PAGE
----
#1 Make Data Studio Feel Like An Application

When you use your bank app or Instagram, you don’t click from page-to-page. It is not a slideshow. You use the navigation to get to where you need.

In Data Studio, the default navigation is not intuitive and feels more like you are clicking through slides or pages in a book. Not only that, but it can be hard to find a specific page without clicking a dropdown.

Google Data Studio Default Navigation

 

If you are using Data Studio to build a report, and you are telling a story in a specific order, I think this feature is great.

The second option is to move the navigation to the left. This is actually not so bad, and it feels a lot more like an application. We thought this would be a good alternative, but it also has some weaknesses.

First, it has no hierarchy. So, all pages are treated equally. This is not bad if you have a few pages, but it can get out of hand in a hurry. If you have 10 or more pages, the left navigation gets quite large. Not only that, but it can be hard to identify subpages.

Google Data Studio pages

Our solution was to build our own left-side navigation that uses the common conventions of standard navigation setups. Plus it looks nice!

Example Google Data Studio Dashboard

In addition to having top-level navigation, we used tabs to create secondary navigation when needed.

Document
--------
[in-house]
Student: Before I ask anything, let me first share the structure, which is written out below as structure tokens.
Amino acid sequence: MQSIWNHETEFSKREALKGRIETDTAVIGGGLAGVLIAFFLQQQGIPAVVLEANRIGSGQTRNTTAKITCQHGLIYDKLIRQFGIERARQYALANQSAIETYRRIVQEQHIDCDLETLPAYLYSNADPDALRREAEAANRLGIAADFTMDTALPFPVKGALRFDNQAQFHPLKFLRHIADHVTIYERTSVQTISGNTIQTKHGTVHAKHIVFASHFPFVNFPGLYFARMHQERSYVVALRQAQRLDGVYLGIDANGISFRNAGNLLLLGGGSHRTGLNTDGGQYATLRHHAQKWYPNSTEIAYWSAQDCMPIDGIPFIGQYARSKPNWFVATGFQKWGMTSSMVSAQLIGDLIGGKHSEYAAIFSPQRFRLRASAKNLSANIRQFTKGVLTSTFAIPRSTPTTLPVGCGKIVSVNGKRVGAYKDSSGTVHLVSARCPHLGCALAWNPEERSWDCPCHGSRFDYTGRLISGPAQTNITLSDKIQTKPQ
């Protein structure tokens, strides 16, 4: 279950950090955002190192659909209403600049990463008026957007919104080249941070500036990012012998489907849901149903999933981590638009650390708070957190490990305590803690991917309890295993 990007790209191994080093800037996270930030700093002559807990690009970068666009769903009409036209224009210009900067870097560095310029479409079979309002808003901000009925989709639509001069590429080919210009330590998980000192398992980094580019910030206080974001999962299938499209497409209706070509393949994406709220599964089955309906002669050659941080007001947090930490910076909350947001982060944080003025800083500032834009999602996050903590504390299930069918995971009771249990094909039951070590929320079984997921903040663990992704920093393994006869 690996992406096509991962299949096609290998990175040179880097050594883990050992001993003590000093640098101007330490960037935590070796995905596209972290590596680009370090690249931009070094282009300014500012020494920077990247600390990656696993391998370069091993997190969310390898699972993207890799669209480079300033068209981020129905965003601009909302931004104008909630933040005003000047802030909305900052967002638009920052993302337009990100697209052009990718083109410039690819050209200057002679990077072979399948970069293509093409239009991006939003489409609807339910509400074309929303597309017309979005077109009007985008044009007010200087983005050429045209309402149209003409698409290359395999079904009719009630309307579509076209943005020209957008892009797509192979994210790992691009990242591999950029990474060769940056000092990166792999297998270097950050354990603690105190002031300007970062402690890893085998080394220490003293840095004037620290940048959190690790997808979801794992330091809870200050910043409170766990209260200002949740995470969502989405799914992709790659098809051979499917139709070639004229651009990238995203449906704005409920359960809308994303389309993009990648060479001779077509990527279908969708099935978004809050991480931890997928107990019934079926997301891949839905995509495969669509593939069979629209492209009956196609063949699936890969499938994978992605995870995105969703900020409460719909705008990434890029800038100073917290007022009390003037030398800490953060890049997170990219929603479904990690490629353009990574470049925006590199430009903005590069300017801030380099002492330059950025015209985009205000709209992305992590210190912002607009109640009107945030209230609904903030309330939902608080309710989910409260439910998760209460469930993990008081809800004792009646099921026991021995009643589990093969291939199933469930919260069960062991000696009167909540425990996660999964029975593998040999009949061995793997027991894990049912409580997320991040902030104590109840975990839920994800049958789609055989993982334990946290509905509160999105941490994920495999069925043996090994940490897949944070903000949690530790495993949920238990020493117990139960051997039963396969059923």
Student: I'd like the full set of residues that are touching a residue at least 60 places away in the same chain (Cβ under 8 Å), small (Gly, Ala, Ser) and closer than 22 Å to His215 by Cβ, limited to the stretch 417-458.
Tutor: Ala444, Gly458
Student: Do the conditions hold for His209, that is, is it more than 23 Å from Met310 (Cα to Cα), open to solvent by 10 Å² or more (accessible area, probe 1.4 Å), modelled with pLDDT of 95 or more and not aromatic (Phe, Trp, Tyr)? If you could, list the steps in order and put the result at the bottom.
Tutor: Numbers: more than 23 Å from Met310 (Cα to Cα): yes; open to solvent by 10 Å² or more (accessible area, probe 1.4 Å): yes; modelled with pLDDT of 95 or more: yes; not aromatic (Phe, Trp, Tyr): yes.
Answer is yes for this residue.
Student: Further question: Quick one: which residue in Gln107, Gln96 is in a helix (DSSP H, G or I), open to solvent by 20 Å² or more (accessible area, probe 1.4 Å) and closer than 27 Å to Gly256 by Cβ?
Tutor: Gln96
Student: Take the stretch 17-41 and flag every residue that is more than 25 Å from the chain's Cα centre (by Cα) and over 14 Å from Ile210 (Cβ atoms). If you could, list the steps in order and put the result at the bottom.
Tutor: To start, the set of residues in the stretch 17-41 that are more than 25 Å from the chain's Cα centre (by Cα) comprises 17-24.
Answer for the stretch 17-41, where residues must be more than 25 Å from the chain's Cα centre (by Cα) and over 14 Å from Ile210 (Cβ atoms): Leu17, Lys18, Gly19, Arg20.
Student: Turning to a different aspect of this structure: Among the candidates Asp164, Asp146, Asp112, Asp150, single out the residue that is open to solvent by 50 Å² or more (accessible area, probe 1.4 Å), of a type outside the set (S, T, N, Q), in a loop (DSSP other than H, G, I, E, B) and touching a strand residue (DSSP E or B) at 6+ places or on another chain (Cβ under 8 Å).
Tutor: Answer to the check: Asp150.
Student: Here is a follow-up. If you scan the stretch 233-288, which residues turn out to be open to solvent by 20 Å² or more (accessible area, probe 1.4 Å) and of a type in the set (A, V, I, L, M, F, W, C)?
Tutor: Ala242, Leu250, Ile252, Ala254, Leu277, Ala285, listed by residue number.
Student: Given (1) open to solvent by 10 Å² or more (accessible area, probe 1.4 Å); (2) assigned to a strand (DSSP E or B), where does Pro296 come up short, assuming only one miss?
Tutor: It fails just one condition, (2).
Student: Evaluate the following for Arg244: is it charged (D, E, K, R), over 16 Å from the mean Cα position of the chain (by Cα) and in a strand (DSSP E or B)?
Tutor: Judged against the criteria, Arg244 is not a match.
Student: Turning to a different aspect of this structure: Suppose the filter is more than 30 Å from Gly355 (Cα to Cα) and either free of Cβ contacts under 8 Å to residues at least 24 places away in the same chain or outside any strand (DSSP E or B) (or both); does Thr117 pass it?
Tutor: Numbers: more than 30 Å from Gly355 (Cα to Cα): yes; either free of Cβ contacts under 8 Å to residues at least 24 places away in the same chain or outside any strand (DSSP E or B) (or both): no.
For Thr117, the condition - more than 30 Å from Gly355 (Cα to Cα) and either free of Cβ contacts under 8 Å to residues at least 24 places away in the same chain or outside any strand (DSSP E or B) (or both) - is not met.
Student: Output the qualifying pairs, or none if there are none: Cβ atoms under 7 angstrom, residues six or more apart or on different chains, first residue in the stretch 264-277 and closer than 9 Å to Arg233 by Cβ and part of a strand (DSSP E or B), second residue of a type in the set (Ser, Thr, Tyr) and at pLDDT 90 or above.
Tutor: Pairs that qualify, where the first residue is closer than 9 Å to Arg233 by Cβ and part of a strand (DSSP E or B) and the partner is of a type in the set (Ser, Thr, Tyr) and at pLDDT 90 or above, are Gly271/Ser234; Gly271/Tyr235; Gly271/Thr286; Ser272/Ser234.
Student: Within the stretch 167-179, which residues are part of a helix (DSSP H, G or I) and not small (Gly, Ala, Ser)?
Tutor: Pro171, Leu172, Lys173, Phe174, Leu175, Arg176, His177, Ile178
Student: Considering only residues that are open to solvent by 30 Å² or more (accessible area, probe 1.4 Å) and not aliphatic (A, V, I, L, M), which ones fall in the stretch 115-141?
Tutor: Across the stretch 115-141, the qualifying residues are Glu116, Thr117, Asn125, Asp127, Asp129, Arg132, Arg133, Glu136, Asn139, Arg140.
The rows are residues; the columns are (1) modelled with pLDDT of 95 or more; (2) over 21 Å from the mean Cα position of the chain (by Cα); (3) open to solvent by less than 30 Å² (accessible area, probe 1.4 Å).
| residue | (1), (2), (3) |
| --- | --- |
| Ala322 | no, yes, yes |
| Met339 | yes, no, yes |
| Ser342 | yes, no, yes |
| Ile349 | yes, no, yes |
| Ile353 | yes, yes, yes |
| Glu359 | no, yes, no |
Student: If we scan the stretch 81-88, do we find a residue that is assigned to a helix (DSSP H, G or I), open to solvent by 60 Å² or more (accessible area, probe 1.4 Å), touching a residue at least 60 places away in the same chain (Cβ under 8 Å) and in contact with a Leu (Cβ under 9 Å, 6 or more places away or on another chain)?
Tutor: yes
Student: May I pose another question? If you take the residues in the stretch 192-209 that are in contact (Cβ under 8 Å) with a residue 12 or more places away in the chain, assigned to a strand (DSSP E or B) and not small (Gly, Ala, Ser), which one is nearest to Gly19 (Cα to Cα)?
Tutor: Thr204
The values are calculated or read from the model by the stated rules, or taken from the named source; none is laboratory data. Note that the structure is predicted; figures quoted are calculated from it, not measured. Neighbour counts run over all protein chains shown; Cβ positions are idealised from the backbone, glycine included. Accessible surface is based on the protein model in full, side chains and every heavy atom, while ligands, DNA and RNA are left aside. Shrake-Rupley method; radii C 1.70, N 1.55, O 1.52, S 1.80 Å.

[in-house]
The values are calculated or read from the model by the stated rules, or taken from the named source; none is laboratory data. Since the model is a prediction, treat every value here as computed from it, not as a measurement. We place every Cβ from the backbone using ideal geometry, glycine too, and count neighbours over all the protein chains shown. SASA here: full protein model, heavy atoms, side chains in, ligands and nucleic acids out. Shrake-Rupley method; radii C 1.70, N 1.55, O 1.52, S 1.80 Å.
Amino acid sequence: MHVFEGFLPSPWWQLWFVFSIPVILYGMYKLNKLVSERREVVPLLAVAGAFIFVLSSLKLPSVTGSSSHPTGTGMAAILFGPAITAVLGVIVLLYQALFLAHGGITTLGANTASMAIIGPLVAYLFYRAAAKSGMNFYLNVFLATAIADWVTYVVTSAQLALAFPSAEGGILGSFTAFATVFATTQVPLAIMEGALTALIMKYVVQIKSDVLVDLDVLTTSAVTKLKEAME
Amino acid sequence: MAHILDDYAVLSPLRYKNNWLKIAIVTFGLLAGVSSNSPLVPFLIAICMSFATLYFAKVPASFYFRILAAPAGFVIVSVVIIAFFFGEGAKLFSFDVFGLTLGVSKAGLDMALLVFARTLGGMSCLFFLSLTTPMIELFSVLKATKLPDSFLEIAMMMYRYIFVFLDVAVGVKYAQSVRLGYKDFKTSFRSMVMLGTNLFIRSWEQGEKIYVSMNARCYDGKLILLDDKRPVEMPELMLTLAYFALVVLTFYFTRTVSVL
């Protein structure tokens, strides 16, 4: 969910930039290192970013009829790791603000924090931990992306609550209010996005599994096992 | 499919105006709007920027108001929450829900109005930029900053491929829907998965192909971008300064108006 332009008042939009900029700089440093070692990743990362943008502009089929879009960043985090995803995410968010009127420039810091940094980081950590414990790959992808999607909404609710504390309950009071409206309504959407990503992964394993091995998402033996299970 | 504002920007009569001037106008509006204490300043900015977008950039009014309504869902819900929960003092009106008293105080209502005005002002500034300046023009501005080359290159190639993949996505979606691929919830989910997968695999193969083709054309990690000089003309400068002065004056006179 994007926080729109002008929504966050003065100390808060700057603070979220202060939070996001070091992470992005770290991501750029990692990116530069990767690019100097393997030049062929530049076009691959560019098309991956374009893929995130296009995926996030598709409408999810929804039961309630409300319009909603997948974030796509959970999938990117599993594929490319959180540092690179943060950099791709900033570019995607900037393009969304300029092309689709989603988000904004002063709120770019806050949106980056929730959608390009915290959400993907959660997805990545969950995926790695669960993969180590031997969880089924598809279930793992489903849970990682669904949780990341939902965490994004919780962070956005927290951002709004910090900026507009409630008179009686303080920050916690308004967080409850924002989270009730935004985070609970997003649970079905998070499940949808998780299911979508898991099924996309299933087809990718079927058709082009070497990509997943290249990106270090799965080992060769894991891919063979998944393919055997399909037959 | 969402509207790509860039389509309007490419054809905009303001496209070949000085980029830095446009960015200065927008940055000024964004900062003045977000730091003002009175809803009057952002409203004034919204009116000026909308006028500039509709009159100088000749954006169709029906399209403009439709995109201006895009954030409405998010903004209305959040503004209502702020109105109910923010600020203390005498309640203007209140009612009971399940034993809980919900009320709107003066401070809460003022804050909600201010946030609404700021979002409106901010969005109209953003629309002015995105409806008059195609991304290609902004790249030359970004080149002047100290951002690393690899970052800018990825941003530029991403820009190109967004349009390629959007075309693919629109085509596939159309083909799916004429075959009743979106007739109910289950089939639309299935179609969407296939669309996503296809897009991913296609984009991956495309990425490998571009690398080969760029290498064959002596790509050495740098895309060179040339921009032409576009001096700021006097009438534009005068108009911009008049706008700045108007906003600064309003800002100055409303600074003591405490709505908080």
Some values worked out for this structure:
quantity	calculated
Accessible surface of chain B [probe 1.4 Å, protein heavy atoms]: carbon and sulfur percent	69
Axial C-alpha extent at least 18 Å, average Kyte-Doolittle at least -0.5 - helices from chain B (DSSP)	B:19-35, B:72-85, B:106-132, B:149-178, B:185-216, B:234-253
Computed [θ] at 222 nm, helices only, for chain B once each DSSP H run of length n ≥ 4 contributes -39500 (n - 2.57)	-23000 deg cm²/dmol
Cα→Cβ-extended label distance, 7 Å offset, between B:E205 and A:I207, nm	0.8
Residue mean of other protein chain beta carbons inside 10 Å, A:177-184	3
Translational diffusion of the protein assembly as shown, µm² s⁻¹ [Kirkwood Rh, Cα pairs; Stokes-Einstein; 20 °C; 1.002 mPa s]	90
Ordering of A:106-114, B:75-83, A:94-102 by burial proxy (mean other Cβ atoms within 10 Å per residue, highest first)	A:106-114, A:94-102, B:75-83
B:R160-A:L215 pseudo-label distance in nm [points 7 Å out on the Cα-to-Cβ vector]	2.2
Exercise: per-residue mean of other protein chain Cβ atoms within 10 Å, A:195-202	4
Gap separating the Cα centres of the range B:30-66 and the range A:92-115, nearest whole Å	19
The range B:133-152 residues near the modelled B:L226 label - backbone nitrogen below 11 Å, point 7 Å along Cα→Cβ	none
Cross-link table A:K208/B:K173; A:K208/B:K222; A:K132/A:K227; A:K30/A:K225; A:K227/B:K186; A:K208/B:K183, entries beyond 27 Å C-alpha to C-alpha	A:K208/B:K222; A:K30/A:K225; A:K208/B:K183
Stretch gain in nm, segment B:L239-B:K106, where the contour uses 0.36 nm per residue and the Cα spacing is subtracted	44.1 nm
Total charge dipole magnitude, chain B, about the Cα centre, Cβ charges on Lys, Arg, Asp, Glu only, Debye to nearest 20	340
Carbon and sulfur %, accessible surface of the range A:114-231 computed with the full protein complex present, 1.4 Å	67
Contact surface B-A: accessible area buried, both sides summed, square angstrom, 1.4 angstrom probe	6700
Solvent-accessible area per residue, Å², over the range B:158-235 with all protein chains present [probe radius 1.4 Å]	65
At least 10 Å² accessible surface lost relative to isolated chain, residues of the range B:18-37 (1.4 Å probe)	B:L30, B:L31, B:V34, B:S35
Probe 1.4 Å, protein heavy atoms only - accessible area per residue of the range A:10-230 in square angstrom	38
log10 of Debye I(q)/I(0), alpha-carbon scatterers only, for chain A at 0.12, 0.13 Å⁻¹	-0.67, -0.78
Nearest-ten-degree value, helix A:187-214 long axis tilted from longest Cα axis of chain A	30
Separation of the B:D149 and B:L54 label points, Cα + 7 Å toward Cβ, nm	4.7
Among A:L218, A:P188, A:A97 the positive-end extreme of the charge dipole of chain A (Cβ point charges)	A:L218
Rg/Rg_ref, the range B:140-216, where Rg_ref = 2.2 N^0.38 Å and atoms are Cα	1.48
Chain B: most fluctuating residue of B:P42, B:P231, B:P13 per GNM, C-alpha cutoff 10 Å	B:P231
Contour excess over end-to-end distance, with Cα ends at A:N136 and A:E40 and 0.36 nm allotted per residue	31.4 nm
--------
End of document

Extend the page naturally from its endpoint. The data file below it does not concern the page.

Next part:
Google Data Studio Secondary Navigation

In order to make this navigation, we used a few different design elements including images that look like text, but the most critical part of the process is what we do before we build anything.

The first thing we do is design a sitemap. This allows us to identify all of the key pages we want to include and how they are connected.

Google Data Studio Sitemap

From there, we review with all of the primary stakeholders to make sure we have covered the key information needed. This allows us to build our dashboards a lot faster.

#2 We Created Our Own Visualizations

If you have read our post Using Google Data Studio to Calculate Statistical Significance, you already know that we love the new Community Visualization tool in Data Studio. It allows us to build any type of visualization we want, and it can bind to any user’s data.

We loved this feature so much, we worked with the Data Studio team at Google to have two of our custom visualizations be featured in the community visualizations gallery in Data Studio.

If you would like to use our statistical significance tool “Stats Analyzer” or the “Data Target Card,” you can access them in any report in a few simple steps.

  • Make sure your data allows for community visualizations